The Book Industry Study Group recently released results of its Consumer Attitudes Toward E-Book Reading survey that addressed questions about which type of device people use for e-books and which genres they’re reading on their devices.
Here are the highlights:
- 44 percent of e-book readers prefer a tablet over a dedicated e-reader (for example, a Kindle), an increase of 7 percent since August 2012.
- The number of respondents who prefer to read e-books on a dedicated e-reader dropped to 42 percent from 49 percent at the last survey in August 2012.
- Those who prefer dedicated e-readers are more likely to read romance, mystery, literary fiction, and general fiction than are users of other types of devices.
- Readers of how-to guides and manuals prefer to read them on their personal computers.
- Smartphone readers are more likely to read travel books than are either tablet or dedicated e-reader users.
The survey also revealed information about the popularity of e-books:
- About 82 percent of “power buyers” — those who buy e-books on a weekly basis — prefer e-books over print.
- Nearly 70 percent of those who aren’t power buyers now prefer e-books over print.
What are the lessons for authors?
There are a few take-aways here for those of us who write books:
- Novelists will want to make sure their book is available in as many dedicated e-reader stores as possible. While most authors probably have Kindle covered, they don’t want to overlook Sony’s Reader Store, the Nook Book Store, and others.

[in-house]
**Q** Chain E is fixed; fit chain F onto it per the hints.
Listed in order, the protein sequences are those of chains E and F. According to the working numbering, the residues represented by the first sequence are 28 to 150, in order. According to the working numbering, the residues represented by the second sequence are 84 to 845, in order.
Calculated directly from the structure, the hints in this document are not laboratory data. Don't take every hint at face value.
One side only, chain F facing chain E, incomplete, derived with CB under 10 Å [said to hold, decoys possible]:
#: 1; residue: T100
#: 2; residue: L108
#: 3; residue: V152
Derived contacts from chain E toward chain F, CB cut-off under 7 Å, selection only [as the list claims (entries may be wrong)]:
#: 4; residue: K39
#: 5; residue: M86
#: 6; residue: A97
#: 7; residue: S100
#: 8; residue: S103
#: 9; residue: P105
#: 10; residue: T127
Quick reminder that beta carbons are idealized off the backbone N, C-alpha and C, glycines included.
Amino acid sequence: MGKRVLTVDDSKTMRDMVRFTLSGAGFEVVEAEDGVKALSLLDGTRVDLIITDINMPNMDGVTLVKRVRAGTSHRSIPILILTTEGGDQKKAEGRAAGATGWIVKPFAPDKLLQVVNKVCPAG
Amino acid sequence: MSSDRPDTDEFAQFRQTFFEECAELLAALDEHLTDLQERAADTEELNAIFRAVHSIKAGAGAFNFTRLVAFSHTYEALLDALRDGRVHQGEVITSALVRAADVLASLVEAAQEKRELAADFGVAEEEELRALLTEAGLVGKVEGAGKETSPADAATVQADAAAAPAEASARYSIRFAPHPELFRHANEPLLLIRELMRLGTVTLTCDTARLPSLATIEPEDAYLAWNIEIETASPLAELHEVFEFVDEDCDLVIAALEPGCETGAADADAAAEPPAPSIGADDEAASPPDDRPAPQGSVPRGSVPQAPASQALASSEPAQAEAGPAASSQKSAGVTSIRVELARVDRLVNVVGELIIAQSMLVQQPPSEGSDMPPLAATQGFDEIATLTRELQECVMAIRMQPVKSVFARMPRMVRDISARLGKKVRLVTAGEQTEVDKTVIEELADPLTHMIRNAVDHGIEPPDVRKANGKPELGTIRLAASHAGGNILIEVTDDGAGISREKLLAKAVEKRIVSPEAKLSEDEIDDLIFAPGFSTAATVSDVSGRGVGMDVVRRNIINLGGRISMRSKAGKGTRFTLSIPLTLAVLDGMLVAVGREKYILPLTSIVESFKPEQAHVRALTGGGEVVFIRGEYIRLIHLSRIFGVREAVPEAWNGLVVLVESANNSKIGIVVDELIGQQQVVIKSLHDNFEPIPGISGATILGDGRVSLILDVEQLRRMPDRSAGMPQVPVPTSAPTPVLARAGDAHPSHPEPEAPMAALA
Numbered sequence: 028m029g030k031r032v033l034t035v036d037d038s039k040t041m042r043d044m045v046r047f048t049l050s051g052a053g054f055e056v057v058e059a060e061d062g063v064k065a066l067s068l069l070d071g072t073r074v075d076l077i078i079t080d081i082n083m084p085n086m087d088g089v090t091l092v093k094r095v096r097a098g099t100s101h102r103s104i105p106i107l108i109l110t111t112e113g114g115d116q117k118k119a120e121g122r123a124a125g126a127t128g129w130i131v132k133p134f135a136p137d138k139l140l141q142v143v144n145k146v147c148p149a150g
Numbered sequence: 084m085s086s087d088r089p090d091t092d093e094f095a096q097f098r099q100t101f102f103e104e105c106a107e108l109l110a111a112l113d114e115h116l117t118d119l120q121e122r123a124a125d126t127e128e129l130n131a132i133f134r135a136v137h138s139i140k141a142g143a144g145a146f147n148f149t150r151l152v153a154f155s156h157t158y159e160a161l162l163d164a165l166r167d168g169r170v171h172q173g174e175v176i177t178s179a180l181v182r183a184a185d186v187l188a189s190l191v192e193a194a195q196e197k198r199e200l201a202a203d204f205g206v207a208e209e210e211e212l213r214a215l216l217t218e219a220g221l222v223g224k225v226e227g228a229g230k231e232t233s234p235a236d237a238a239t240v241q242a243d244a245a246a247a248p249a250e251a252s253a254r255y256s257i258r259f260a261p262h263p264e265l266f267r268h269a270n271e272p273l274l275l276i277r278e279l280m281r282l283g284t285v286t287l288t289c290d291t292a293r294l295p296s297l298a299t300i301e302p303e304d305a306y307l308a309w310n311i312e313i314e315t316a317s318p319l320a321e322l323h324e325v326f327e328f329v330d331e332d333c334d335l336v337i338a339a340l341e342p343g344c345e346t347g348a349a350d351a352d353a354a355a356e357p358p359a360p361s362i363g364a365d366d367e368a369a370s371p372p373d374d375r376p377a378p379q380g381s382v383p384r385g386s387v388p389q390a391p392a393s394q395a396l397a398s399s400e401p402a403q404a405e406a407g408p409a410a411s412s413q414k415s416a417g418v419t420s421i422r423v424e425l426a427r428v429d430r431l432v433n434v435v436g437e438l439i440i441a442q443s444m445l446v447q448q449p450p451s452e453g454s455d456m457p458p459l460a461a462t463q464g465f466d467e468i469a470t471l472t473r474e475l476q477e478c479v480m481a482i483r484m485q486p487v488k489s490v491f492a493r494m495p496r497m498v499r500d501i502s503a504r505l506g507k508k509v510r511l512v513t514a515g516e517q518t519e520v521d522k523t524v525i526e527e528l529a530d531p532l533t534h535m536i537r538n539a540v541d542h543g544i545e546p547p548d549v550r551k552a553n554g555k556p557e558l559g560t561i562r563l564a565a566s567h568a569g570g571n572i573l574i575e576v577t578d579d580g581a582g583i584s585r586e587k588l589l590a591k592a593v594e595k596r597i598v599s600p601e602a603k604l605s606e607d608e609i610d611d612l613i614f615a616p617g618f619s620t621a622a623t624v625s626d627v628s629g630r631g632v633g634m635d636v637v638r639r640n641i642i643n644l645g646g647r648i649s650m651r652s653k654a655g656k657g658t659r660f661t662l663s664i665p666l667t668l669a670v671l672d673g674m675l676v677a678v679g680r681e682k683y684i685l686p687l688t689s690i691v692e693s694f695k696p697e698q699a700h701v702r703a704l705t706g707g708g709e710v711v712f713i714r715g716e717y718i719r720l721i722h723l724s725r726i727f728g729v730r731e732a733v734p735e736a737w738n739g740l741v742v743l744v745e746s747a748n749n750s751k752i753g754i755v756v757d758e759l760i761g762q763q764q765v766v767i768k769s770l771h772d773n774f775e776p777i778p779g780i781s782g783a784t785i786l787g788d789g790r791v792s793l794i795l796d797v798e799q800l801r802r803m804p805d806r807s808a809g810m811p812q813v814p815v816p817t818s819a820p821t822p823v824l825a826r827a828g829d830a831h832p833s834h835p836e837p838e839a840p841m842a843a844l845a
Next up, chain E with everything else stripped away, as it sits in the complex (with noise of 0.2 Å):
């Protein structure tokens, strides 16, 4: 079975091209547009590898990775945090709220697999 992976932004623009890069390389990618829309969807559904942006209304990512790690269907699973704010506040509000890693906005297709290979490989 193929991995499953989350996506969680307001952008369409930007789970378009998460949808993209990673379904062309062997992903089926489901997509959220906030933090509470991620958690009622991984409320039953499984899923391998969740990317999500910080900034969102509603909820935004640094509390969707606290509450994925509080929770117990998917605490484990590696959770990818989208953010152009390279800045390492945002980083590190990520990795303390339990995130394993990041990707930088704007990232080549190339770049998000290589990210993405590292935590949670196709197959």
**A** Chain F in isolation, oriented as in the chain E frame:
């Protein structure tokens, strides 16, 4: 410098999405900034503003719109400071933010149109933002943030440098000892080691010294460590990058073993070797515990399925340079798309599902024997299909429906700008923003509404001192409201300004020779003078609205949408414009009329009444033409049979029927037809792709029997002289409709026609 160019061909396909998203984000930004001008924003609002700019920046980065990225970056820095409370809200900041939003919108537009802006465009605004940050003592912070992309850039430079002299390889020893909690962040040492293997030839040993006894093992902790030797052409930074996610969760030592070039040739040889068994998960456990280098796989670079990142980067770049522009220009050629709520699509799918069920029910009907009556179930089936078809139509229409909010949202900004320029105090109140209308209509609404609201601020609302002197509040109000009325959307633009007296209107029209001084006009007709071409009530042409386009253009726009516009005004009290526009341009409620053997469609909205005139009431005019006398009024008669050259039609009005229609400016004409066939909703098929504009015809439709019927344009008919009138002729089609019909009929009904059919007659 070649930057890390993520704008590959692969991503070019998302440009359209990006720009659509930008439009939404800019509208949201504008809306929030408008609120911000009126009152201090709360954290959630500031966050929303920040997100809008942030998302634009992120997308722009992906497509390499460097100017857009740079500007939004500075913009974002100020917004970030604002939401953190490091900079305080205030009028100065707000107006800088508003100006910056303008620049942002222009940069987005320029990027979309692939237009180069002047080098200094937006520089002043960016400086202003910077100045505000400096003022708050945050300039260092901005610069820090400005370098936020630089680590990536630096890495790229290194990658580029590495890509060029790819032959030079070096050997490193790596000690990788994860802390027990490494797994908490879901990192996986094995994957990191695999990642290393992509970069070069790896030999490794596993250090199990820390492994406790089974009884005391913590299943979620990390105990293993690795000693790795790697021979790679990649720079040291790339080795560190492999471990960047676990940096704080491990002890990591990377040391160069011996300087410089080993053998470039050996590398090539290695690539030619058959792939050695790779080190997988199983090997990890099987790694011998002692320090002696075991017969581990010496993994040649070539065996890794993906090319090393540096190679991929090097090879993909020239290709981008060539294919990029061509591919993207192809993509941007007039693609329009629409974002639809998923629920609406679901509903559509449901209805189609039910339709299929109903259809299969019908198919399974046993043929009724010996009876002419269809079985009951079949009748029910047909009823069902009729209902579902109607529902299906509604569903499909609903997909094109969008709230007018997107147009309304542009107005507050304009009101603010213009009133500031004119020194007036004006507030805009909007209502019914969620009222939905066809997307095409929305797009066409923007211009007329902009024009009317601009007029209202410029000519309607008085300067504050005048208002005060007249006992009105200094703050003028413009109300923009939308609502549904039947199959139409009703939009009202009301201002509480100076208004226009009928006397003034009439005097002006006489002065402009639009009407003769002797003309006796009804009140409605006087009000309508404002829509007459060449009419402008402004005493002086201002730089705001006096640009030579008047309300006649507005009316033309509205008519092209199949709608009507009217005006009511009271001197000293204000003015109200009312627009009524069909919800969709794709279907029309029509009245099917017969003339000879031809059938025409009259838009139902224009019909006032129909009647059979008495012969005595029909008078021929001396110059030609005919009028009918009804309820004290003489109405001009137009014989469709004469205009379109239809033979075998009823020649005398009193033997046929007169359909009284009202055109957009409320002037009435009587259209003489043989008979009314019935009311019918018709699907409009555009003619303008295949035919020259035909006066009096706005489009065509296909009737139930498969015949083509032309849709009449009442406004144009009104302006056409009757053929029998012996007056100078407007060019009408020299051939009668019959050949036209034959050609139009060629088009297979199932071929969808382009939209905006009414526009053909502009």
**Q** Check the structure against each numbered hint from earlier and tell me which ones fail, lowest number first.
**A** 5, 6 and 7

- Those who write how-to guides and manuals might consider offering their books in PDF formats. I introduced Get Your Book in the News: How to Write a Press Release That Announces Your Book in PDF format first because I knew that users would want access to it on their computer while writing their press releases. The PDF format also allowed me to use a layout that would make the step-by-step instructions easier to read and follow. I added the Kindle and iTunes formats later, but continue to sell more copies in PDF format.
- Travel writers should get their books in the Aldiko (Android) iTunes (Apple) bookstore.
Your e-book publisher (Smashwords, BookBaby, eBooks2go, etc.) will be your best resource and advisor.
(Photo by Allie from Vancity via Compfight)
Back to the survey . . . what’s your preferred e-book reader — a dedicated device, tablet, or computer?
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